Chinese youth abandon rat race in search of personal peace News

Chinese youth abandon rat race in search of personal peace News
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“Want to see how it starts?” asks Ying Feng, 21, before turning on his camera to show the green hills above the Chinese city of Xiamen. Stretching down to the coast, the city’s skyscrapers rise like steel and concrete bodies above the green surroundings.

A breeze catches Ying Feng’s black hair and summer dress as he sits to watch the city below come to life. A single bird sings its song.

“My parents taught me that if I need peace, I will find it in church and prayer,” he said in a WeChat call.

“But here in the hills outside Xiamen I found more peace than Christianity could give me.”

As he speaks, the first rays of the rising sun fall on his face over the water outside Xiamen.

Looking up at the red-orange sky, he whispered, “I wish I could keep the sun there.” – Then I could stay here.

But he can’t stay. Instead, he stands up and puts his mask back on.

“I have to get back,” he said, suddenly looking very tired even though the day had just started.

“My teaching experience will start soon.”

14 hours have passed when Ying Feng calls again, and she is neatly folding her graduation gown in her rented apartment at home.

He recently graduated from university with a degree in music and teaching, but the occasion was marked by less celebration and more anxiety.

“Knowing how difficult things would be after the summer, I couldn’t be happier about it,” she explains.

She has the prospect of a working week as an elementary school teacher by day, private tutoring at night and piano lessons on the weekend. Even if he takes all this, he feels that he will not be able to earn enough money to keep an apartment or start a family.

Chinese graduates in gowns and caps
Chinese university graduates are facing increasingly tough competition for jobs, but some are refusing to take lower-paying jobs that give them more time. [File: Cnsphoto via Reuters]

When asked if the outlook of a busy working life with low pay has made him rethink his career path, Ying Feng remains silent.

“I’m sorry,” she apologizes and laughs wearily. “Twelve hours of practical work dried up my brain. What was the question again?”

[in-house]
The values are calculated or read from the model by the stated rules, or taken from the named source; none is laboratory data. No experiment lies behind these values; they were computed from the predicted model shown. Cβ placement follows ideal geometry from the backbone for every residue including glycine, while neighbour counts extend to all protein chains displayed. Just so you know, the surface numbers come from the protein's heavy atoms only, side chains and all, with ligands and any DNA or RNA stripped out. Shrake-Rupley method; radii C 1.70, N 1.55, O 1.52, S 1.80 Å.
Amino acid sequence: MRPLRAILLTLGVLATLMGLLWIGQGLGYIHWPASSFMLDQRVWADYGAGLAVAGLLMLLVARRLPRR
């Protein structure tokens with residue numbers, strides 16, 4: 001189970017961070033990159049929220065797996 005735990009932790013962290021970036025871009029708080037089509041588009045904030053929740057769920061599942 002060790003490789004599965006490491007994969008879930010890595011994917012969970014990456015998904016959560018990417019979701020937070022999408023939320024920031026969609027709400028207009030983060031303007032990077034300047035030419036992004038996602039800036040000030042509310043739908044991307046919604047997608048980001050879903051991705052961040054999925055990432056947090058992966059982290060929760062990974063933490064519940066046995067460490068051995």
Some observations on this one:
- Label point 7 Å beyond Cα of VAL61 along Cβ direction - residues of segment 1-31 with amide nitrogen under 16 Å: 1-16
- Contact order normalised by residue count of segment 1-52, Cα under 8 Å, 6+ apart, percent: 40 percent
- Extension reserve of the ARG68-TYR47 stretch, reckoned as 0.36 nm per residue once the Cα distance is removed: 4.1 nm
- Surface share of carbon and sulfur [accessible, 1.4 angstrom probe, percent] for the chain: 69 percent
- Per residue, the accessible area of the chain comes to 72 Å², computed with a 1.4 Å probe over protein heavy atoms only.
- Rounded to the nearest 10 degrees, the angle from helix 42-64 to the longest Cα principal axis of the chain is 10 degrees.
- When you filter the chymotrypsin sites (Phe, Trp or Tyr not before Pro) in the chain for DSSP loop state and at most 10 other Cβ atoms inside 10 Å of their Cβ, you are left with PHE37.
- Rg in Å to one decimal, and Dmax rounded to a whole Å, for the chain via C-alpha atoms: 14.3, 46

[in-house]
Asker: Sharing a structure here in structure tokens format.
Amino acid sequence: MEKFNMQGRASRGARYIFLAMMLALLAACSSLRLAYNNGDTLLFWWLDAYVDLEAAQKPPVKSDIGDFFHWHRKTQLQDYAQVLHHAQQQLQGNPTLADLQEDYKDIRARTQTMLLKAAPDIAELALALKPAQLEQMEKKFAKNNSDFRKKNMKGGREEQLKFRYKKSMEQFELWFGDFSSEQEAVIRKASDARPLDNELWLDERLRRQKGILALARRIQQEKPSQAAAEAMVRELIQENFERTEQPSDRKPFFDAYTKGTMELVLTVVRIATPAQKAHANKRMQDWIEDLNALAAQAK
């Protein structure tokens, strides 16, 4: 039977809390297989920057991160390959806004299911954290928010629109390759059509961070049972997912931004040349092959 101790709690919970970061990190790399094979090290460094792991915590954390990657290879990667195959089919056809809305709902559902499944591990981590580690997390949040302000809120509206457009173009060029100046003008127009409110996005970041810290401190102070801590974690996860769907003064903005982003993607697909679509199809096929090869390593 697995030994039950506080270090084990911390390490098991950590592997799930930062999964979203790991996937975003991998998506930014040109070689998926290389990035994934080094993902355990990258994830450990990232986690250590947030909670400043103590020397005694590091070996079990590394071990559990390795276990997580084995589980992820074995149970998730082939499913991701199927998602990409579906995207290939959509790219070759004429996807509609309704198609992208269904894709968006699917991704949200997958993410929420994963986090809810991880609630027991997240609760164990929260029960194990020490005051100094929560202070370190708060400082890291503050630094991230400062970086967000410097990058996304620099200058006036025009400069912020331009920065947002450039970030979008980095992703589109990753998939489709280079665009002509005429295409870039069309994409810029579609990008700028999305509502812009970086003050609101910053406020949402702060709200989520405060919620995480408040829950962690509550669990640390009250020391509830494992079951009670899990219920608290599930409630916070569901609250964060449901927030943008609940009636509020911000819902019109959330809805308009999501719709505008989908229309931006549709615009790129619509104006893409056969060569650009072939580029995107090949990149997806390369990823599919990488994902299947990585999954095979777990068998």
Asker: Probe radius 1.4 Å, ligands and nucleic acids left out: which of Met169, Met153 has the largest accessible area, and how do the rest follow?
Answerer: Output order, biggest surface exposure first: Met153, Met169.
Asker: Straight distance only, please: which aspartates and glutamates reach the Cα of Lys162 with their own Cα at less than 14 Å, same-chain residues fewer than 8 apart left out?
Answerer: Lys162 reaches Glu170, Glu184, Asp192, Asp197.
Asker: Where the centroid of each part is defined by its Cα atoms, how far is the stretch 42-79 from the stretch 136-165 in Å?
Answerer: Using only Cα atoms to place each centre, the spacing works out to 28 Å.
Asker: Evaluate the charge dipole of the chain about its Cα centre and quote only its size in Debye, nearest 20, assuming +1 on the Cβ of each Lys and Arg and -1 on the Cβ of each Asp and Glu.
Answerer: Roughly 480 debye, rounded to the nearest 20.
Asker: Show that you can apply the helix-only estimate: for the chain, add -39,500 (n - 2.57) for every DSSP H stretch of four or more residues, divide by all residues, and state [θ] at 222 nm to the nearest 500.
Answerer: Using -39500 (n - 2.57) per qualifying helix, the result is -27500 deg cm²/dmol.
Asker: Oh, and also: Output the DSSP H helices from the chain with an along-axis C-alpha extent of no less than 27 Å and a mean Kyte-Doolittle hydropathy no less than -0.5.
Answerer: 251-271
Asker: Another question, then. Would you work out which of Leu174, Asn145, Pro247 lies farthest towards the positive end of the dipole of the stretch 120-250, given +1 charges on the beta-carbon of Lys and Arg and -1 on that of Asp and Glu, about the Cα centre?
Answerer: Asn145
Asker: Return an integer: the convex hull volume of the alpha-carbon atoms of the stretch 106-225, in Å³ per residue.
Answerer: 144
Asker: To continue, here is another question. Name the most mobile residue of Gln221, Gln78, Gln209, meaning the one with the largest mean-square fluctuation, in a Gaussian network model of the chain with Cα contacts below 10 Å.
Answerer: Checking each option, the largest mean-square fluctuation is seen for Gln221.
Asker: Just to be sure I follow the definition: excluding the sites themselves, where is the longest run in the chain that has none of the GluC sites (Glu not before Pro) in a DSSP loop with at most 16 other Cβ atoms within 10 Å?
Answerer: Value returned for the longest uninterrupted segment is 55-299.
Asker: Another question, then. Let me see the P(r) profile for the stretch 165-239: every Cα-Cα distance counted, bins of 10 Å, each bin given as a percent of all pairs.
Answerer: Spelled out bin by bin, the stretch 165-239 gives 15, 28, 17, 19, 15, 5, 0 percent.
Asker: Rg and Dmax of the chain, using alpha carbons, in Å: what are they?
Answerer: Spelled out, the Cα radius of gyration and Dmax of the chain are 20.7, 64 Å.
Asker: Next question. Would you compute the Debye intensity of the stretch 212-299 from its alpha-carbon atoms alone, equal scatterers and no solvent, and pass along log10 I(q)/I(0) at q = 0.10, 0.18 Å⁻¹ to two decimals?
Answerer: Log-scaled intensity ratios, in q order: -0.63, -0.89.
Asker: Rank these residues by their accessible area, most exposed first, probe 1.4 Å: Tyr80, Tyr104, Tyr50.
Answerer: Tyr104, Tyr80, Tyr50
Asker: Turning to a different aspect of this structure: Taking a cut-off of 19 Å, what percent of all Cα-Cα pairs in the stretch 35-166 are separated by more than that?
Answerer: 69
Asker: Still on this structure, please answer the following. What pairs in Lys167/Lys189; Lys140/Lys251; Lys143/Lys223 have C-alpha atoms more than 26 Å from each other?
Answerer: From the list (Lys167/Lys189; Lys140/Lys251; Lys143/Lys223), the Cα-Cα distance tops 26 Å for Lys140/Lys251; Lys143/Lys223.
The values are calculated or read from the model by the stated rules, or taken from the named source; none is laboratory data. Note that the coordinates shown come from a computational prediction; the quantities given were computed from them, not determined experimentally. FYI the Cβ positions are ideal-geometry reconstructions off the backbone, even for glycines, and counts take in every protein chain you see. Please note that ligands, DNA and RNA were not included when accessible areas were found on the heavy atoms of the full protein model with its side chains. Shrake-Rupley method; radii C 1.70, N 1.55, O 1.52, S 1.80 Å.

Hearing the question once again, Ying Feng sighs.

“Well, sometimes I just want to lay flat and let it all rot.”


Ying Feng is not alone in his frustration.

“Sleep straight” (tang ping) and “let it rot” (bai lan) are two terms that have become rallying cries for Chinese youth frustrated by the Chinese job market and the greater expectations of Chinese society.

Since the spring of 2021, users on Chinese social media such as Douban, WeChat and Weibo have shared their stories of how they left behind their careers and ambitions instead of embracing a minimalist lifestyle with space for free time and self-discovery.

Among them are 31-year-old Alice Lu and 29-year-old Wei-je Wu.

When Lu fell ill, he was working in the communications and media department of a large IT company in Shanghai.

“For years I was working weekdays, weekends, days and nights until I felt my body and mind collapse,” she said.

He had to take time off to recover, and during that time he began to question his work-life balance. In the end, he decided not to return to his field, but to open a noodle shop instead.

“The store may not be much, but this is my personal business. Now I’m the master of my own schedule, and I realize that I finally have time to do nothing.”

Also, after the breakup, Wu began to rethink his career.

“In my case, it was a senior colleague who collapsed on the factory floor during a night inspection,” he said.

“Afterwards, I began to wonder if this would be my fate as well?”

During rush hour in Shanghai, passengers gather on the station platform
Chinese commuters often face a grueling schedule, with long working hours and six-day weeks the norm [File: Aly Song/Reuters]